Conventions of Composition Rule 124

Rule: When using two or more words as a single adjective, hyphenate. Hyphenate a noun and a participle, an adjective and a participle, two nouns, or two adjectives, as long as together they form one descriptor. If two nouns, used together, form a verb, hyphenate. Note: if one of the words is an adverb, do not hyphenate.


Examples:

Correct: I heard a heart-rending scream come from the strange-looking creature.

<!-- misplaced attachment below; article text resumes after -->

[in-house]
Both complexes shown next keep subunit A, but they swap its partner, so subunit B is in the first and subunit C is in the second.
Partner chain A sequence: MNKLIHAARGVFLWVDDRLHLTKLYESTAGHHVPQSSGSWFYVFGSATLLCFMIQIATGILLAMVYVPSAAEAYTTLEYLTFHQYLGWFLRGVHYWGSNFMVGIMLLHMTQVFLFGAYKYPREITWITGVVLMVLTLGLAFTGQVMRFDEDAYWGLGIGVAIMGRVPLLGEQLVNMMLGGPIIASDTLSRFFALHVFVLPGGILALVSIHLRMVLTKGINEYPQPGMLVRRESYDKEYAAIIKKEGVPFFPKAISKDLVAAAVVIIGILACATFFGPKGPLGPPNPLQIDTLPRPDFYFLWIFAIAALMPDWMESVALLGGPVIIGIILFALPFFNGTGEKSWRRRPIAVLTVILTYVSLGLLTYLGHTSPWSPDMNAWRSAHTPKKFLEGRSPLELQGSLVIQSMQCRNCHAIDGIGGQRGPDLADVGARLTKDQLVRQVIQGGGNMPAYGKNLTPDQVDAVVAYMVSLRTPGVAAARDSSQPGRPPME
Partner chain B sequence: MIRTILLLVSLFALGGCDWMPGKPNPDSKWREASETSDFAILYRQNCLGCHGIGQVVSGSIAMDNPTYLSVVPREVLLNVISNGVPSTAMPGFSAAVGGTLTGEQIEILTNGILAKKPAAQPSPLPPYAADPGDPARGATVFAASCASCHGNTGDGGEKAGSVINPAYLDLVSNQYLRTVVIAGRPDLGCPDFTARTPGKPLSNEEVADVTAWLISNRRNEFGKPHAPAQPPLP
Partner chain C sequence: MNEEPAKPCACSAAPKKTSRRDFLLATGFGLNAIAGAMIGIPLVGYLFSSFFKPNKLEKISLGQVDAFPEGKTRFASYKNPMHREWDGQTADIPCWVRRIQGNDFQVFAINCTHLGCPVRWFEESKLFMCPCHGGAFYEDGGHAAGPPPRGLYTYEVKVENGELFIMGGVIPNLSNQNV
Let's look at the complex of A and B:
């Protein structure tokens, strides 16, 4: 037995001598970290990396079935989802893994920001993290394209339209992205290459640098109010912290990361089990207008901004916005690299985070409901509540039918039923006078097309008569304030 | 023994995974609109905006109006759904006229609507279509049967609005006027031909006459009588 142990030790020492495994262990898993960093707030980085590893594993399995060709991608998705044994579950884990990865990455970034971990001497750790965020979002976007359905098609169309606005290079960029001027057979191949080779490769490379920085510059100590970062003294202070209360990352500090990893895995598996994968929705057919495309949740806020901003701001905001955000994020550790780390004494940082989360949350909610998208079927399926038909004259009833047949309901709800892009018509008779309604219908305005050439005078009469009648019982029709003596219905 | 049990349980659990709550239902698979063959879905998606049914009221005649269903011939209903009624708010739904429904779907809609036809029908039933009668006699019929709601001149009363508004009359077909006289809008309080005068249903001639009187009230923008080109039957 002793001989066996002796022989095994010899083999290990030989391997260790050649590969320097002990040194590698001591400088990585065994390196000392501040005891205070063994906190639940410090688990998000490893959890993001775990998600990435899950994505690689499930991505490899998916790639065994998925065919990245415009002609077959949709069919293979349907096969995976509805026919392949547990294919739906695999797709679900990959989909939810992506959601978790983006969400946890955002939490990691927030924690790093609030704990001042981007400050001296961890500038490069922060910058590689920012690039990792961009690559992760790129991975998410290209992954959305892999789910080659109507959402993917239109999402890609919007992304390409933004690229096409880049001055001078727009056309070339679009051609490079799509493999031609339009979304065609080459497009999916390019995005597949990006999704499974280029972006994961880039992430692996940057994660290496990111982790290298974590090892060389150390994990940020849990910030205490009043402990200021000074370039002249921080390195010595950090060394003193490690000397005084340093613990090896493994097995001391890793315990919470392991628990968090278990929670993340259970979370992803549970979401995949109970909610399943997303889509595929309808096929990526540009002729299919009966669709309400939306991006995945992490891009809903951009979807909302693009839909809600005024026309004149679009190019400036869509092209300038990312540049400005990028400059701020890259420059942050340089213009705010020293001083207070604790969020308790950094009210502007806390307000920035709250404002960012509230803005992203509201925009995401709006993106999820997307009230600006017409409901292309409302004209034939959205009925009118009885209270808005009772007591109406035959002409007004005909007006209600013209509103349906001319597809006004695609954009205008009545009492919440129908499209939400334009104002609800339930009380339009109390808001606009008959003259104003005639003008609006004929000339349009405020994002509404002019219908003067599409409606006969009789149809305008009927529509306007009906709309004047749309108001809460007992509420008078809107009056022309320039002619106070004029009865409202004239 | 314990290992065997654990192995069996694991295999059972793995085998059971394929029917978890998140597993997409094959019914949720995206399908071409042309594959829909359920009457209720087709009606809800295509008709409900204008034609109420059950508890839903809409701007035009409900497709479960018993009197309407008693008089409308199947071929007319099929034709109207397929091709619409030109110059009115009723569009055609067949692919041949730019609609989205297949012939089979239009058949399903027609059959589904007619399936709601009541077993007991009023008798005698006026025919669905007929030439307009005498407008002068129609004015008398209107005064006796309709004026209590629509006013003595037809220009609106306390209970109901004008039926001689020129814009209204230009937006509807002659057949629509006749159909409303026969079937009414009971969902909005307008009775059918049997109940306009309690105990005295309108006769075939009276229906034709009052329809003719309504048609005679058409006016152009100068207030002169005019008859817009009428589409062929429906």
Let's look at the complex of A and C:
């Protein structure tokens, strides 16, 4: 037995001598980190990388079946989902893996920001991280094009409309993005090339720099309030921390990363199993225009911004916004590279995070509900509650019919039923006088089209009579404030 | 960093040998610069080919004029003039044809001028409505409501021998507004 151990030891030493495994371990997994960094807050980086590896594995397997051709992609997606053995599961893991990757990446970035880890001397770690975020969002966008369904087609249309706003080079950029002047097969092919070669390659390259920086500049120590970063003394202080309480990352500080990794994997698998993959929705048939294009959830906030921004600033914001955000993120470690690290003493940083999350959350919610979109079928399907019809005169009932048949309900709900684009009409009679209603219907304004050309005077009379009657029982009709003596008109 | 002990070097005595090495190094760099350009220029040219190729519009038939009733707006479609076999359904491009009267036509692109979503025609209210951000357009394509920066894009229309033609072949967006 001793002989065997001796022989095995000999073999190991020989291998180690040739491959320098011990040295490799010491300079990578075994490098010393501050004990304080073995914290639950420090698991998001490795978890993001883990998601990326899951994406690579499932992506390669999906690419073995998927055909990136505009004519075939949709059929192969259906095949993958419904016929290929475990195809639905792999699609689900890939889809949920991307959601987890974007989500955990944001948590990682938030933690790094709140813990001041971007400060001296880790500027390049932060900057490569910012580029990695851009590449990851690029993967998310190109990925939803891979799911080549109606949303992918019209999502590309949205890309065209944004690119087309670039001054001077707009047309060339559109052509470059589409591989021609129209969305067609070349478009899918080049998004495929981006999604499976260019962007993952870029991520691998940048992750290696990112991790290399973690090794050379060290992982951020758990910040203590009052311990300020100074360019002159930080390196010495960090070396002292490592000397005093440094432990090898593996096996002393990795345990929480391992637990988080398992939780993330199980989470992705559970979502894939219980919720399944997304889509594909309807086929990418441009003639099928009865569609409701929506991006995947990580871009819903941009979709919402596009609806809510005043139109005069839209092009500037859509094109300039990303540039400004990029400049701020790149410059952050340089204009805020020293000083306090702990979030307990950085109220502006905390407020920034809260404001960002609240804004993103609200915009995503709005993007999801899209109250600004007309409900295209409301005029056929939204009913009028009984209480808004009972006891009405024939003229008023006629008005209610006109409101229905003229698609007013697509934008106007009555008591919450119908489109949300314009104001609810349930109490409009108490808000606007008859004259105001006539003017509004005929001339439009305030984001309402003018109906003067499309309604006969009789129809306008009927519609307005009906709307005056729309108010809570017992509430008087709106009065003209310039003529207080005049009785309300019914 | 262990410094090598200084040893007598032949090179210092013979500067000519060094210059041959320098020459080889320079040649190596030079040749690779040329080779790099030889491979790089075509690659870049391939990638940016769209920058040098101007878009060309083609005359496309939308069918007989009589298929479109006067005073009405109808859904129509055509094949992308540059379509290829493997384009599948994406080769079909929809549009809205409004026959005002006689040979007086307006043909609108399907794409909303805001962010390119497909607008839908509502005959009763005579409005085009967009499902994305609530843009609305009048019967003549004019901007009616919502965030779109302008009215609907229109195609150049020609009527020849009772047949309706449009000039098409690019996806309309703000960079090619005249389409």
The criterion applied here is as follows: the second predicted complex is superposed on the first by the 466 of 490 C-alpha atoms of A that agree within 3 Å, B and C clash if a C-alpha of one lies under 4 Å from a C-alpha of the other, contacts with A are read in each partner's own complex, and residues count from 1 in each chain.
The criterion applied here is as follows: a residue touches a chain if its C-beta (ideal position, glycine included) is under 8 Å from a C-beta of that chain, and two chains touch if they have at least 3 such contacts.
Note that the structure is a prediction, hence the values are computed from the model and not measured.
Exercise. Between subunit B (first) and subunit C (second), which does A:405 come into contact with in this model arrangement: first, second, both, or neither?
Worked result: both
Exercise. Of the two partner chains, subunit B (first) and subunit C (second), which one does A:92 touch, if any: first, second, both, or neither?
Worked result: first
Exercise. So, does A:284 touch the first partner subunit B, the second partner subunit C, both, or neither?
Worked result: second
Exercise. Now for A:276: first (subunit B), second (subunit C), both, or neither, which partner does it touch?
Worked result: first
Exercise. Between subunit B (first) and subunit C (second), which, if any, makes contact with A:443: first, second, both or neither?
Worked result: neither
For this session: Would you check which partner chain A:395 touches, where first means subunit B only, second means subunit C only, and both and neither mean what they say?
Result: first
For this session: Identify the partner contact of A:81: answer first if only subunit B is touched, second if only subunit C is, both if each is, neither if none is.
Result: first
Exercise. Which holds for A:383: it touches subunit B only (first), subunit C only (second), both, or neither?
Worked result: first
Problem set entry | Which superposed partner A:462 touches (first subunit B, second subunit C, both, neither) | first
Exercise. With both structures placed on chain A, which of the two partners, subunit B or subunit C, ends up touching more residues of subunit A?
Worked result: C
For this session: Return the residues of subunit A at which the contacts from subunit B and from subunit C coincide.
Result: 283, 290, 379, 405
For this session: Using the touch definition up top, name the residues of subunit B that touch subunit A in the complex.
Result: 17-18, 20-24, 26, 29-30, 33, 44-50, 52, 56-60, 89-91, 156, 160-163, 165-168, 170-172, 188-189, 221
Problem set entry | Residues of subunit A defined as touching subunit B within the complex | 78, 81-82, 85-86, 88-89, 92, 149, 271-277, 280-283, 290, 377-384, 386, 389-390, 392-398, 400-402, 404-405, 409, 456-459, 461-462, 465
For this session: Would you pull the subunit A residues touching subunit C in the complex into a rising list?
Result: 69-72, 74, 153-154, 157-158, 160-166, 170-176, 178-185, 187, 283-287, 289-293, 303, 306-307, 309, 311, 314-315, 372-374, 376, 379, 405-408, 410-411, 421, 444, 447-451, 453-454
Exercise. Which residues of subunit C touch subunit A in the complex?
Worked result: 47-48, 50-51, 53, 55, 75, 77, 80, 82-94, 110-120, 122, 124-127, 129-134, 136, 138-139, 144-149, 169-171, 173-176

Correct: Not to touch white-hot coals seems self-evident to me.


Practice putting hyphens where they should go in the following sentences:

  1. We wanted to purchase the seven year old car because it was dirt cheap.

  2. The top of the line model costs more than the new to me junk heap he tried to sell me.

  3. We want to air condition the larger than life English Wing in the Main Building.


Resources for further explanation of using hyphens:

Grammar Book's Hyphens

Oxford Living Dictionaries Hyphens